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Ousted Florida COVID-19 data curator says she’s being targeted by Gov. DeSantis

A raid at a former Florida Department of Health employee’s home is raising eyebrows after a viral video shows state investigators serving a search warrant on former COVID-19 data curator Rebekah Jones.
A raid at a former Florida Department of Health employee’s home is raising eyebrows after a viral video shows state investigators serving a search warrant on former COVID-19 data curator Rebekah Jones.

TALLAHASSEE, Fla. – A raid at a former Florida Department of Health employee’s home is raising eyebrows after a viral video shows state investigators serving a search warrant on former COVID-19 data curator Rebekah Jones.

On Tuesday, Jones responded to the warrant and criticized the way agents with the Florida Department of Law Enforcement entered her home.

“I tell them my husband and my two children are upstairs... and THEN one of them draws his gun,” Jones tweeted along with a video of the raid.

FDLE agents countered, saying they never pointed the gun at anyone.

A 31-second video from Jones, released on Twitter, shows agents entering her Tallahassee home with guns drawn after she answers the door.

“Police search warrant,” the agents said.

“He just pointed a gun at my children,” screamed a visibly upset Jones, who had been guided out of her house. She said her 2-year-old daughter and 11-year-old son were upstairs with her husband.

FDLE agents were serving a warrant at the former state COVID-19 dashboard administrator’s home Monday after claiming someone with her IP address hacked into a system and sent out a message blast to Department of Health employees asking them to speak up.

“It’s time to speak up before another 17,000 people are dead,” the message said, according to an affidavit from an FDLE investigator. “You know this is wrong. You don’t have to be part of this. Be a hero. Speak out before it’s too late.”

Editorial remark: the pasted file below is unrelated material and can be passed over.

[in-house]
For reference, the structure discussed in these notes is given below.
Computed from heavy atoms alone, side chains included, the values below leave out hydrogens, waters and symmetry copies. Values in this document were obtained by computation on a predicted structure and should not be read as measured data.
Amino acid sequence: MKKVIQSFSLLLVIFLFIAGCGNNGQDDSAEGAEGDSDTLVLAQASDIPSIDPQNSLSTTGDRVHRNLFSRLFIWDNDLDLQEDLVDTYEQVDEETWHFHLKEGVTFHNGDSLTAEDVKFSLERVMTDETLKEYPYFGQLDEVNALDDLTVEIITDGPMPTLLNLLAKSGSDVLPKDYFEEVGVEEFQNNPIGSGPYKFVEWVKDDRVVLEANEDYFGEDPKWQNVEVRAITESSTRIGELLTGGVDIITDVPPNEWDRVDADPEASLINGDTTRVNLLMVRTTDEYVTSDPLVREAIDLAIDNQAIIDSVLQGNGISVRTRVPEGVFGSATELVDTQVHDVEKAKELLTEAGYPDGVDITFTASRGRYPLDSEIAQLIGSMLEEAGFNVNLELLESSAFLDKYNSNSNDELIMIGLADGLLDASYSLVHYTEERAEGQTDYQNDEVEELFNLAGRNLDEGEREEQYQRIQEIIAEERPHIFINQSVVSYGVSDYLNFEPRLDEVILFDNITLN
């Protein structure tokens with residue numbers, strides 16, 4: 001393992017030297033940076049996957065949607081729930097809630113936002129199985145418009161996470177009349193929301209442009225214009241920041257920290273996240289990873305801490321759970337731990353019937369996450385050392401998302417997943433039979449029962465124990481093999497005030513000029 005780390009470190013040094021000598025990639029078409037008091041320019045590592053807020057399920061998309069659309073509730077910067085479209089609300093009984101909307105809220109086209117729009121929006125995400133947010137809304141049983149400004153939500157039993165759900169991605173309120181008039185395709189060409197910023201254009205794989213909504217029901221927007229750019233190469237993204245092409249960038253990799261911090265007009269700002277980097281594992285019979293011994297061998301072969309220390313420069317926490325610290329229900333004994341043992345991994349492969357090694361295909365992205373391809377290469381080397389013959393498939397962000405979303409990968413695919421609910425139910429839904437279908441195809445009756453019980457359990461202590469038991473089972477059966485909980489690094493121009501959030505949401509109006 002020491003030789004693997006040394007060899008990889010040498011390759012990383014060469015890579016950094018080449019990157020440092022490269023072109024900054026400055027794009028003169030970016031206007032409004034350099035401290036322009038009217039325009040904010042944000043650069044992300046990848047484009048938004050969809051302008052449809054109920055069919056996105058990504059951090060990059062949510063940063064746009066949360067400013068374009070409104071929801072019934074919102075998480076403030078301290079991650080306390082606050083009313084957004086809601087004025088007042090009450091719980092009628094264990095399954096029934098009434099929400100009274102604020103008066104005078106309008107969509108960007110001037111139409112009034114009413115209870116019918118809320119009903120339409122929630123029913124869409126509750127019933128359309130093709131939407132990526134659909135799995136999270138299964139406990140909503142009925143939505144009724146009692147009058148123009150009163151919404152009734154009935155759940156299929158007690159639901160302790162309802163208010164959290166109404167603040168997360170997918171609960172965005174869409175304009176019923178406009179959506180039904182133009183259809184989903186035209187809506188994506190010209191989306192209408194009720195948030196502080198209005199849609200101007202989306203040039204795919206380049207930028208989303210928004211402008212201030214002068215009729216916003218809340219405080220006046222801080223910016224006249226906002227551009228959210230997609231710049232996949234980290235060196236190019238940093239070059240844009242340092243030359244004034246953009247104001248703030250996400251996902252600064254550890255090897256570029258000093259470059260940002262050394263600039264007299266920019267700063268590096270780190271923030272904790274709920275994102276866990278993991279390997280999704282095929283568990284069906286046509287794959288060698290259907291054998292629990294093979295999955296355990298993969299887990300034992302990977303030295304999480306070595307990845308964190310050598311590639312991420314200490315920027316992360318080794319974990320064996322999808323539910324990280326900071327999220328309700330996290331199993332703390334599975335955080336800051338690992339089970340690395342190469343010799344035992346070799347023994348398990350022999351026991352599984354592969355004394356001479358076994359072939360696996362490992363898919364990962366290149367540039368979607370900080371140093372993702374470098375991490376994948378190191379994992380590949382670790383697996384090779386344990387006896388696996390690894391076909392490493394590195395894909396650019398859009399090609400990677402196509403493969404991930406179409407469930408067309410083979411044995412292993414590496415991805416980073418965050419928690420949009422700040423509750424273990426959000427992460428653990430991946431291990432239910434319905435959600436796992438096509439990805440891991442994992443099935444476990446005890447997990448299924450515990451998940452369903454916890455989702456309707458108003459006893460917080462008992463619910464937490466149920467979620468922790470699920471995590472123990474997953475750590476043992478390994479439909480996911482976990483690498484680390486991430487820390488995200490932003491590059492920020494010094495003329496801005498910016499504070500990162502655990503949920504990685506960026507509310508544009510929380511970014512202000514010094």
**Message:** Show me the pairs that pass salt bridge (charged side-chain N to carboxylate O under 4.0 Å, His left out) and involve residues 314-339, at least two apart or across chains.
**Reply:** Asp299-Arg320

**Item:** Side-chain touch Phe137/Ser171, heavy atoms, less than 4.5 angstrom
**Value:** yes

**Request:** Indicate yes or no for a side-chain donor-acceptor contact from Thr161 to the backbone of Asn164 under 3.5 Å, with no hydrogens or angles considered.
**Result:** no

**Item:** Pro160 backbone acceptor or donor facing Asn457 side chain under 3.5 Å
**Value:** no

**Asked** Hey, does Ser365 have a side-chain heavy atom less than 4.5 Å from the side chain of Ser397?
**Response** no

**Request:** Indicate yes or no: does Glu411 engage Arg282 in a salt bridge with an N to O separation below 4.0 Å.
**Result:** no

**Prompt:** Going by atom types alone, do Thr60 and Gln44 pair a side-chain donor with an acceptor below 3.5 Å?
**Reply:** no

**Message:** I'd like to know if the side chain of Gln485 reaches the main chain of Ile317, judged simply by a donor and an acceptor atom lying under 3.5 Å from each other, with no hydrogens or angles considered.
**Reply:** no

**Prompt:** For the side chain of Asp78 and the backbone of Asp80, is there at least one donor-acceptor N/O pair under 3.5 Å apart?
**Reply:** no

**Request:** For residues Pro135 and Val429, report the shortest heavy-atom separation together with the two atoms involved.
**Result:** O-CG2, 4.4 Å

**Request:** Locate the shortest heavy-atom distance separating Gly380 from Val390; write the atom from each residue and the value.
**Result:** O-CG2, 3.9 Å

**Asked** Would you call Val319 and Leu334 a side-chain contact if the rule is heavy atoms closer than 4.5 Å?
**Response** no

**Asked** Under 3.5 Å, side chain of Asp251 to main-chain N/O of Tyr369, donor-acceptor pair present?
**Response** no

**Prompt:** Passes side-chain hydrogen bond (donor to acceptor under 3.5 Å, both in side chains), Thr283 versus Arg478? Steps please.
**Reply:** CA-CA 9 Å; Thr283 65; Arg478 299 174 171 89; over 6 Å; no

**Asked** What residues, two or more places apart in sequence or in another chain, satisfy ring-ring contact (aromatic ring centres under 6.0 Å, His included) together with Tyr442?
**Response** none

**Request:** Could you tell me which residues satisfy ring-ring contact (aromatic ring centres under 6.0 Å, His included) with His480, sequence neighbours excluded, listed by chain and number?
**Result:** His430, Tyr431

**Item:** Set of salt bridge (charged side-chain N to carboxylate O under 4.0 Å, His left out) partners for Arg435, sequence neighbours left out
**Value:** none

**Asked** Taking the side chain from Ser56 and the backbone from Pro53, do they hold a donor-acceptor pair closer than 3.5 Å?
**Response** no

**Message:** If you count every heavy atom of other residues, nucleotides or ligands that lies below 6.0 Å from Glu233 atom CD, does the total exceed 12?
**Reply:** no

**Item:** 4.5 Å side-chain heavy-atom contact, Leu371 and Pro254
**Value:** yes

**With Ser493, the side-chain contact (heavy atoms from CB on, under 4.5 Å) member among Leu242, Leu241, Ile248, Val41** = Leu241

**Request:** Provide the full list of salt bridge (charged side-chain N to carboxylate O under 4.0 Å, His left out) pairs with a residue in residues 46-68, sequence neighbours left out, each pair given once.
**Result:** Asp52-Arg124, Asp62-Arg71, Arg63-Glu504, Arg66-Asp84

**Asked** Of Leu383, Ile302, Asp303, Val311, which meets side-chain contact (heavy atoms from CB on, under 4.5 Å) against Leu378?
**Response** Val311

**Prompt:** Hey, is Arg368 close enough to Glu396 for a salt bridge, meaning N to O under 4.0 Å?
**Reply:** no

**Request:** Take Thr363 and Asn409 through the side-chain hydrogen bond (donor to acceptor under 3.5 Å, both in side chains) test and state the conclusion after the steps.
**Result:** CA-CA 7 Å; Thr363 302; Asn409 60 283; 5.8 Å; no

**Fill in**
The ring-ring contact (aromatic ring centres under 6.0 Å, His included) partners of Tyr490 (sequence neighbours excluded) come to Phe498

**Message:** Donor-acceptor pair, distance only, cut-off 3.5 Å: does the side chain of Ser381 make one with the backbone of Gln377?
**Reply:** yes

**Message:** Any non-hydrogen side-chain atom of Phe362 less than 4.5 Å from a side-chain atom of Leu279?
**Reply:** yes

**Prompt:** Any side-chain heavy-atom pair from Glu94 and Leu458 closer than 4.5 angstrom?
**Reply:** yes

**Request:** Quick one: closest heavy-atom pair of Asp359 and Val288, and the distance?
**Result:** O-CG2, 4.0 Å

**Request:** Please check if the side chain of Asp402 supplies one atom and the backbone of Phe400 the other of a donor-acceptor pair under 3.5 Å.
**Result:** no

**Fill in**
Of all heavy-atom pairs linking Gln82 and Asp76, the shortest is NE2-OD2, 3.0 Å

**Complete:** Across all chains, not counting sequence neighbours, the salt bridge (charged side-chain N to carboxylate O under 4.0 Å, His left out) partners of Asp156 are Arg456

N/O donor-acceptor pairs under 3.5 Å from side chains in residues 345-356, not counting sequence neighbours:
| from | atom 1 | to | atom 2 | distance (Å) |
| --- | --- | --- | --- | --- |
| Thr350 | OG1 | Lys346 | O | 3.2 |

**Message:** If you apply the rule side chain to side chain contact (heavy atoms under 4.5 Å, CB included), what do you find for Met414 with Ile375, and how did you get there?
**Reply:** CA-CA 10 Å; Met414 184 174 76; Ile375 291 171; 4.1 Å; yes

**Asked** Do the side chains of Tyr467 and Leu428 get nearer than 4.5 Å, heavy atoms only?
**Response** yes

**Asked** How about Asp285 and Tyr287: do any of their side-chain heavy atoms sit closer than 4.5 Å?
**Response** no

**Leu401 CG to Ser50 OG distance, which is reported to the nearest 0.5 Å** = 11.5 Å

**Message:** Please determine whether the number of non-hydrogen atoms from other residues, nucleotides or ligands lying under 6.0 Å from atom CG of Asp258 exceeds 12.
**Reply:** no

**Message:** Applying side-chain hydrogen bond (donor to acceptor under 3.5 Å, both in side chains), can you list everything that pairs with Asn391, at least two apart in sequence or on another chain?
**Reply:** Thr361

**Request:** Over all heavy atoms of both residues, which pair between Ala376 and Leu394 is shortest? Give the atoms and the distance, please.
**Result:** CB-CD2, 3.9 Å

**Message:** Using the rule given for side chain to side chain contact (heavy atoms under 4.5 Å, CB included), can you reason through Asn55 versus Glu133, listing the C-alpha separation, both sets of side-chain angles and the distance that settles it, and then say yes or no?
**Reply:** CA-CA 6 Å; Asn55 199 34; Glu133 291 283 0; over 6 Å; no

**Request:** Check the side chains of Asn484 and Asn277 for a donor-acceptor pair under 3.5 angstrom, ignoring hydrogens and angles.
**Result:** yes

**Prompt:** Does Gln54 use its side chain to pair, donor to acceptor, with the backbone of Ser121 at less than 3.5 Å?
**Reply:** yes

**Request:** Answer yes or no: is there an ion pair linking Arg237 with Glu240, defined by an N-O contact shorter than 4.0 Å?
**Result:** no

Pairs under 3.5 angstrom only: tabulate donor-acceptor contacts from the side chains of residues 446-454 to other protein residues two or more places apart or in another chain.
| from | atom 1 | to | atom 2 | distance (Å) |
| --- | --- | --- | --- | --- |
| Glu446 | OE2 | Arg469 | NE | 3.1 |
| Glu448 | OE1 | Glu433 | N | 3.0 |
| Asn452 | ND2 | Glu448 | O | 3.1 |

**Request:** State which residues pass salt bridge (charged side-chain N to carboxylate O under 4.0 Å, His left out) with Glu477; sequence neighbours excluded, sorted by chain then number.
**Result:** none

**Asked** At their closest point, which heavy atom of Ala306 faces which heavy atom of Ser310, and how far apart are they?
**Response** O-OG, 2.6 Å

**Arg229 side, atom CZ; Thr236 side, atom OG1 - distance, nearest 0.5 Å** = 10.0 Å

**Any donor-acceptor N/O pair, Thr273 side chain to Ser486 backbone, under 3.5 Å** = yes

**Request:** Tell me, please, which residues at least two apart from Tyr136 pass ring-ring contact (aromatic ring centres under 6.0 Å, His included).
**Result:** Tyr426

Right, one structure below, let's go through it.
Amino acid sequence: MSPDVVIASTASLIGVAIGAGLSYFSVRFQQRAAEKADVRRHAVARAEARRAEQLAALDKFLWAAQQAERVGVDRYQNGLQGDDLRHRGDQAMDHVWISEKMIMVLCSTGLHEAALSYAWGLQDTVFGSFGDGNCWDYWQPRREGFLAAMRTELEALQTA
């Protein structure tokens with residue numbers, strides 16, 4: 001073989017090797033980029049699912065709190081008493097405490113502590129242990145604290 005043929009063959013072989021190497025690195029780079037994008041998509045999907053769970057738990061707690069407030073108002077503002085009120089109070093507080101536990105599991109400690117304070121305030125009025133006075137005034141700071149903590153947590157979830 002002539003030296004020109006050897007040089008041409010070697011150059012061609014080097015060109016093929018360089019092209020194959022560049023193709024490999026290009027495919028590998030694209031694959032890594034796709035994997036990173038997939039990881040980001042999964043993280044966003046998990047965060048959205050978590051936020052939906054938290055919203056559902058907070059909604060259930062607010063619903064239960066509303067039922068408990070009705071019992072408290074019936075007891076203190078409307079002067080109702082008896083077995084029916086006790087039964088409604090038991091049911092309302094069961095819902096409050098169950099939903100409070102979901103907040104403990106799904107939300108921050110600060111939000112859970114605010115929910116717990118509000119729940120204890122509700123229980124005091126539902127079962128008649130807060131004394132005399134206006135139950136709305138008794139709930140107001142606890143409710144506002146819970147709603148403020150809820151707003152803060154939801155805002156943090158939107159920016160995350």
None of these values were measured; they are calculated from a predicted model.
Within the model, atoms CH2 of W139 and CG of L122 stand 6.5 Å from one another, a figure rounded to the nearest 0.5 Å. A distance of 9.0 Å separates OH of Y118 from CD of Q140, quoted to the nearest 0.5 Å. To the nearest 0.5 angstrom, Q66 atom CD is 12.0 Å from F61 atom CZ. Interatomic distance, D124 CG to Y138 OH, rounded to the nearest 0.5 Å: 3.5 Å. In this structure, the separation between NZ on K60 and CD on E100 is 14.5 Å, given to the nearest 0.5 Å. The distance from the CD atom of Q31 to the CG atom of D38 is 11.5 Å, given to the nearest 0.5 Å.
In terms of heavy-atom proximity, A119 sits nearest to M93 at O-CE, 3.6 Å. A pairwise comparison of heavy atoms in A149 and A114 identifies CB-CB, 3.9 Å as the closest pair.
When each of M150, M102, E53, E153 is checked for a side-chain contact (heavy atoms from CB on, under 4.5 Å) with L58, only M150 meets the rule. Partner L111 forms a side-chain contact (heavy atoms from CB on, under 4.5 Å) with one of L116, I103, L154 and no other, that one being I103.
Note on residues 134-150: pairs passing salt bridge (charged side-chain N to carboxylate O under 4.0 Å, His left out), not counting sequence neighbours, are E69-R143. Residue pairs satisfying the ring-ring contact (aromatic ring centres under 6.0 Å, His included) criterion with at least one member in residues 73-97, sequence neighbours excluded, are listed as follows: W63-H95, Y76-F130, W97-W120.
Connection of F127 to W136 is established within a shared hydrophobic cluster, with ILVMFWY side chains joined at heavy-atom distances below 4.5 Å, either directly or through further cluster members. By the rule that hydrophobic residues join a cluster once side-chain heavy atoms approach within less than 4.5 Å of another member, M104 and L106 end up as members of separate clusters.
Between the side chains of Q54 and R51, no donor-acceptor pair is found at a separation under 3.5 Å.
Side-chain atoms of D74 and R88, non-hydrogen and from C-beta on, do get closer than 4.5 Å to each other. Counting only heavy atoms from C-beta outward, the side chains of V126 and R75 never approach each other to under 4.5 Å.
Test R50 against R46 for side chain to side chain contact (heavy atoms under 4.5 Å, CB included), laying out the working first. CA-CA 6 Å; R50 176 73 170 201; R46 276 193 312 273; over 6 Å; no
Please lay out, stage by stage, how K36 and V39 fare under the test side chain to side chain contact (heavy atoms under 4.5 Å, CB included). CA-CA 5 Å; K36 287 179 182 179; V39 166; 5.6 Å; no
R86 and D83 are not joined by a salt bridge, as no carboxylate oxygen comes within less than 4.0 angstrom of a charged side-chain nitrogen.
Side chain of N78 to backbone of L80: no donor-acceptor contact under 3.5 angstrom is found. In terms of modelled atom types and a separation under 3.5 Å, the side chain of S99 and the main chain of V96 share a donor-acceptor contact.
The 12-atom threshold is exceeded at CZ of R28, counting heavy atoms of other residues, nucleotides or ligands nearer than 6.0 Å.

“I didn’t even know there was a message sent,” Jones said on Tuesday in an interview with News4Jax state capital reporter Mike Vasilinda. “I didn’t even know what it said until yesterday.”

Jones believes Gov. Ron DeSantis is out to get her after she spoke out, claiming Florida’s coronavirus data was inaccurate. She was fired in May for insubordination, according to DeSantis.

“I knew at some time that the governor was going to come after me,” she commented. “I accepted that tangoing with a powerful corrupt governor was going to have consequences. I was ready to be arrested. I did not expect they would point guns at my kids.”

Jones was not arrested or charged, but her computer and phone were seized, which she says have sensitive information about other whistleblowers within state government.

News4Jax showed the video to former FBI supervisor Toni Chrabot, who now runs the consulting firm the Risk Confidence Group and News4Jax crime and safety expert Ken Jefferson, a retired Jacksonville Sheriff’s Officer.

“You can never downplay the risks when you’re serving a warrant because you’re going into the unknown,” Jefferson said after watching the video.

“As soon as they come in the house, they don’t know who else is in the house for sure,” Chrabot said. “And as soon as they enter the house, here’s a staircase. And a staircase is a very dangerous scenario for law-enforcement. Anybody at the top of the stairs has the advantage.”